Orange with 6Médias, published on Saturday August 06, 2022 at 11:40 a.m.
A historic drought is raging throughout France. In some departments, water use restrictions have been put in place.
But according to Le Parisien, Saturday August 6, some farmers disobey to preserve their crops.
“It’s a story of survival, to save our skin.” Pascal Ribreau, farmer living near La Rochelle (Charente-Maritime), defends himself in Le Parisien, Saturday August 6. While a historic drought hits France and restrictions on the use of water are decreed in certain departments, the farmer continues to irrigate his fields “ in complete illegality “. As president of the Authorized Trade Union Association (ASA) of Aunis irrigators, he specifies that 110 other farms of the association have imitated him.
A disobedience started at the beginning of May, from the first order decreeing restrictions on the use of water. “ It had never happened so soon. On May 23, we therefore took this collective decision, because the corn had already been sown and the costs incurred — from 600 to 700 euros per hectare. The year is very bad. If we had not irrigated this corn in June, we would have nothing. But we have to pay the loans, our expenses and feed our families“, explains the farmer to the Parisian.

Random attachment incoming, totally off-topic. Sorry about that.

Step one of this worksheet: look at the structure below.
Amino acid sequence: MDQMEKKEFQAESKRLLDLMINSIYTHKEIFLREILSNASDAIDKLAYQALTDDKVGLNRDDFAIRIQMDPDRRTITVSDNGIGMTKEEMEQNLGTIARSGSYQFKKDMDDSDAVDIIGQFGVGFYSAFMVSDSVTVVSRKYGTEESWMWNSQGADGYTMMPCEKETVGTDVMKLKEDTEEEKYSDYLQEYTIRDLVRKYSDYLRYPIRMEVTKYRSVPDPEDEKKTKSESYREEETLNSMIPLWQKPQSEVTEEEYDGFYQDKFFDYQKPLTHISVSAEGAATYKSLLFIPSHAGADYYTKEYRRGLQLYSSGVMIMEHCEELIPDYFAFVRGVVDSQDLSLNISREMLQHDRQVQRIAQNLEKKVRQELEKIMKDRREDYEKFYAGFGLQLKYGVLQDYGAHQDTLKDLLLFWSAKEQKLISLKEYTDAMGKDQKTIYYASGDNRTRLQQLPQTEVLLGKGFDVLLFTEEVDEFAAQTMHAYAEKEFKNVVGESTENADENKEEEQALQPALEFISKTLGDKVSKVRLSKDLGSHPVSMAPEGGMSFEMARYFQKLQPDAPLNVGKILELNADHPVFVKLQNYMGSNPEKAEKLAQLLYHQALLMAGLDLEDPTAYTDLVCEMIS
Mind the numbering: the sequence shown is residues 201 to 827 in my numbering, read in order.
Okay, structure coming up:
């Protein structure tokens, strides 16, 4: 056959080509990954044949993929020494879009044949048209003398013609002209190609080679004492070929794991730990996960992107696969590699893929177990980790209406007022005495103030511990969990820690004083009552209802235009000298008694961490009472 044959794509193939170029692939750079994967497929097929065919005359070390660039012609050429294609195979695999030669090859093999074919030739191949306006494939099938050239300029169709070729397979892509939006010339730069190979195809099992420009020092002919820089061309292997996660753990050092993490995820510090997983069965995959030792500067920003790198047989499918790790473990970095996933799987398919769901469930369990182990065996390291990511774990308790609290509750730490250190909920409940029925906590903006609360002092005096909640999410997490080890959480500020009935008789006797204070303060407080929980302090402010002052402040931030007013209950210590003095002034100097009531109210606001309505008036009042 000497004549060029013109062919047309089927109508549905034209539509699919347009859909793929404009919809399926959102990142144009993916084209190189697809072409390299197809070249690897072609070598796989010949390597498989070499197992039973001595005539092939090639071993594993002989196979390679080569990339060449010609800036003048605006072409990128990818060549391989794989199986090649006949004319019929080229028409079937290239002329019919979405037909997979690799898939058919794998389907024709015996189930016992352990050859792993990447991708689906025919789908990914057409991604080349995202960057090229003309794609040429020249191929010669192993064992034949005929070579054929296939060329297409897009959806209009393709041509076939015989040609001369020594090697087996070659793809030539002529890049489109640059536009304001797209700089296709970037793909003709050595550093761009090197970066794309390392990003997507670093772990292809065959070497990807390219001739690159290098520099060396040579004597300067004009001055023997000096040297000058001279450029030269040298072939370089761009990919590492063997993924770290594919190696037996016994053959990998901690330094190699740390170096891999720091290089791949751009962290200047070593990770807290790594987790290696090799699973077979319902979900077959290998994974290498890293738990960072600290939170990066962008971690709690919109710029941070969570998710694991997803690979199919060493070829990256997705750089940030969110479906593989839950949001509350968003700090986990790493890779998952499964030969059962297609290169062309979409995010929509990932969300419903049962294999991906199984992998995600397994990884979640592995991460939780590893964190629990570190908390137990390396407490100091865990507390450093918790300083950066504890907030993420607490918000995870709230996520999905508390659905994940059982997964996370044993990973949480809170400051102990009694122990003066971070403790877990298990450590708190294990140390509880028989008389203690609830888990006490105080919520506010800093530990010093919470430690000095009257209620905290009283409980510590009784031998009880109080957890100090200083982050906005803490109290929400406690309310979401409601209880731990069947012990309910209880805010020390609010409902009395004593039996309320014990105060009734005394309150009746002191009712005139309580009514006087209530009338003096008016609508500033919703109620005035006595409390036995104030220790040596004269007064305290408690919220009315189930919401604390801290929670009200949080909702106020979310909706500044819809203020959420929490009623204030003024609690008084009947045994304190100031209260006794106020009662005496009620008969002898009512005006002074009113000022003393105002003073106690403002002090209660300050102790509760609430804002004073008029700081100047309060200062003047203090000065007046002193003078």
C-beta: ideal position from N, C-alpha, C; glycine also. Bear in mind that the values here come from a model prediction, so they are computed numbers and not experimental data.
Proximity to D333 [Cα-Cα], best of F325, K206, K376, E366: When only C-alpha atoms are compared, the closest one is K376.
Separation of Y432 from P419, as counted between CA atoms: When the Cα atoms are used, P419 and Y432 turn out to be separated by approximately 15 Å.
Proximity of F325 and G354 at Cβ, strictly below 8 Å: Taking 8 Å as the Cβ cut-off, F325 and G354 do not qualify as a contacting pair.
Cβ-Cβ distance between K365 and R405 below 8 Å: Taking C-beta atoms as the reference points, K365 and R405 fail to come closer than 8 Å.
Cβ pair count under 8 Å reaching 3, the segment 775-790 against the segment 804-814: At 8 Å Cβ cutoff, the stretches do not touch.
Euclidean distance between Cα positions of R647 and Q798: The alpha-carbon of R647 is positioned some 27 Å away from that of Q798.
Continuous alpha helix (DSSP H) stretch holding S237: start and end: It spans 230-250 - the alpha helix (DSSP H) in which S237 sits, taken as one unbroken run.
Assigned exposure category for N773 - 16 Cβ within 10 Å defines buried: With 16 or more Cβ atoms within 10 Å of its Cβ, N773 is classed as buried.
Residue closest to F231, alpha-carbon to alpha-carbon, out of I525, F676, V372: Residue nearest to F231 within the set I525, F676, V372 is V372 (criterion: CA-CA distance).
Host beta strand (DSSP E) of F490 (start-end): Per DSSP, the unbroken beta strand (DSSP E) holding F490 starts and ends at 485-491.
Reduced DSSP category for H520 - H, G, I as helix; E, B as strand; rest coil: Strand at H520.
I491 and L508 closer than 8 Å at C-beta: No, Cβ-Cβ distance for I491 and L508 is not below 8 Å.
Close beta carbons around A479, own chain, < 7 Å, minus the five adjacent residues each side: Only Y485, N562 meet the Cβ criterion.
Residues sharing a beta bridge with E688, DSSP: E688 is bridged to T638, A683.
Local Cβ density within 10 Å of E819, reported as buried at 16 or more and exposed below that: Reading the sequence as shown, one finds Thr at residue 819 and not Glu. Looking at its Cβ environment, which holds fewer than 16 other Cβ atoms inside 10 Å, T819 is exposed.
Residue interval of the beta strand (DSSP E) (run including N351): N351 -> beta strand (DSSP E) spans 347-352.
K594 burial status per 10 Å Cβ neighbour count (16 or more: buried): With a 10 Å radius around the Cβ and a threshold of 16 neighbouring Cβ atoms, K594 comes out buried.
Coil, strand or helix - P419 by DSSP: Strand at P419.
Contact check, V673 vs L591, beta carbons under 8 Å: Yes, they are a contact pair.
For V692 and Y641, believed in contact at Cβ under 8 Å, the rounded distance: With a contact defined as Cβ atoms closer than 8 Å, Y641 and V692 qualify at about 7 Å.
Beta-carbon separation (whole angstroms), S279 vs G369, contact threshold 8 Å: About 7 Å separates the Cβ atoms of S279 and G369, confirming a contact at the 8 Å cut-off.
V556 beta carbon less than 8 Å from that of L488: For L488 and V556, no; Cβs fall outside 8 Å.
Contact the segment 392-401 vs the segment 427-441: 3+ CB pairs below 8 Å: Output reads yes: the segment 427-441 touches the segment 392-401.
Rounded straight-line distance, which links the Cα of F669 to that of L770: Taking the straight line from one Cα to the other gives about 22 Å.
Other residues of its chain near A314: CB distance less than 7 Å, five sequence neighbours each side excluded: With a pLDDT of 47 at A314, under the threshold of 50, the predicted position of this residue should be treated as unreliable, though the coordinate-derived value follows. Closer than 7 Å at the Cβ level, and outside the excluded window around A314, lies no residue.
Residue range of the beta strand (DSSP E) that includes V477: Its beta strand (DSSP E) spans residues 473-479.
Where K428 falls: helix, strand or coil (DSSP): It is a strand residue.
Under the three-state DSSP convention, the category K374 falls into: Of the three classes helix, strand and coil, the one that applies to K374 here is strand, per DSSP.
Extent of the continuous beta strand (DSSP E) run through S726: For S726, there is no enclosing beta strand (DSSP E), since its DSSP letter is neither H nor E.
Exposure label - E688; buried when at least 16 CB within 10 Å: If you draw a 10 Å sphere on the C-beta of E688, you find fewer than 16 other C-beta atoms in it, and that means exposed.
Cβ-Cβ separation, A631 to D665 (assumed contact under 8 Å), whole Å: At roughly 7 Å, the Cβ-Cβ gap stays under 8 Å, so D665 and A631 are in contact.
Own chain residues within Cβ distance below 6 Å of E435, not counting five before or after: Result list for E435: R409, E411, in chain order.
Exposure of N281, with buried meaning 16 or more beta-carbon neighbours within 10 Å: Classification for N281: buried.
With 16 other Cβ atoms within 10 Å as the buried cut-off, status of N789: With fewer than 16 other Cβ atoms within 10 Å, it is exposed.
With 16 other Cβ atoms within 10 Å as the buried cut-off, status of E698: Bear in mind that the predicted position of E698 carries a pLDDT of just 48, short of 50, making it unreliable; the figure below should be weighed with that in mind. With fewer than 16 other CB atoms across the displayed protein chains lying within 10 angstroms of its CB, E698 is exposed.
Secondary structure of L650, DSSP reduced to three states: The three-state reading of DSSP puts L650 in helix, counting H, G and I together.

650 kilometers of dry rivers in Charente-Maritime
Pascal Ribreau saw his equipment sealed by the gendarmerie on July 28, without much consequence for his operation: “ We had set ourselves a stoppage of irrigation on August 1 “, he specifies. Despite these disagreements, the prefecture of Charente-Maritime considers that the decrees “ are very largely respected ” after around thirty control operations, relates Le Parisien.
Asked by the daily, Gilles Brichet, president of the Departmental Federation of Fishermen, is more virulent: “It’s a scandal, a real provocation.These irrigators must also be responsible citizens.(…) The heat wave only accentuates this situation which is, in reality, linked to poor management of water without taking natural environments into account.” In Charente-Maritime, 650 kilometers of rivers are dry, out of 1,500 in total. Sylvie Marcilly, the president of the department, called on the population to be careful. “Every drop of water counts!” she said in a video released Thursday, August 4.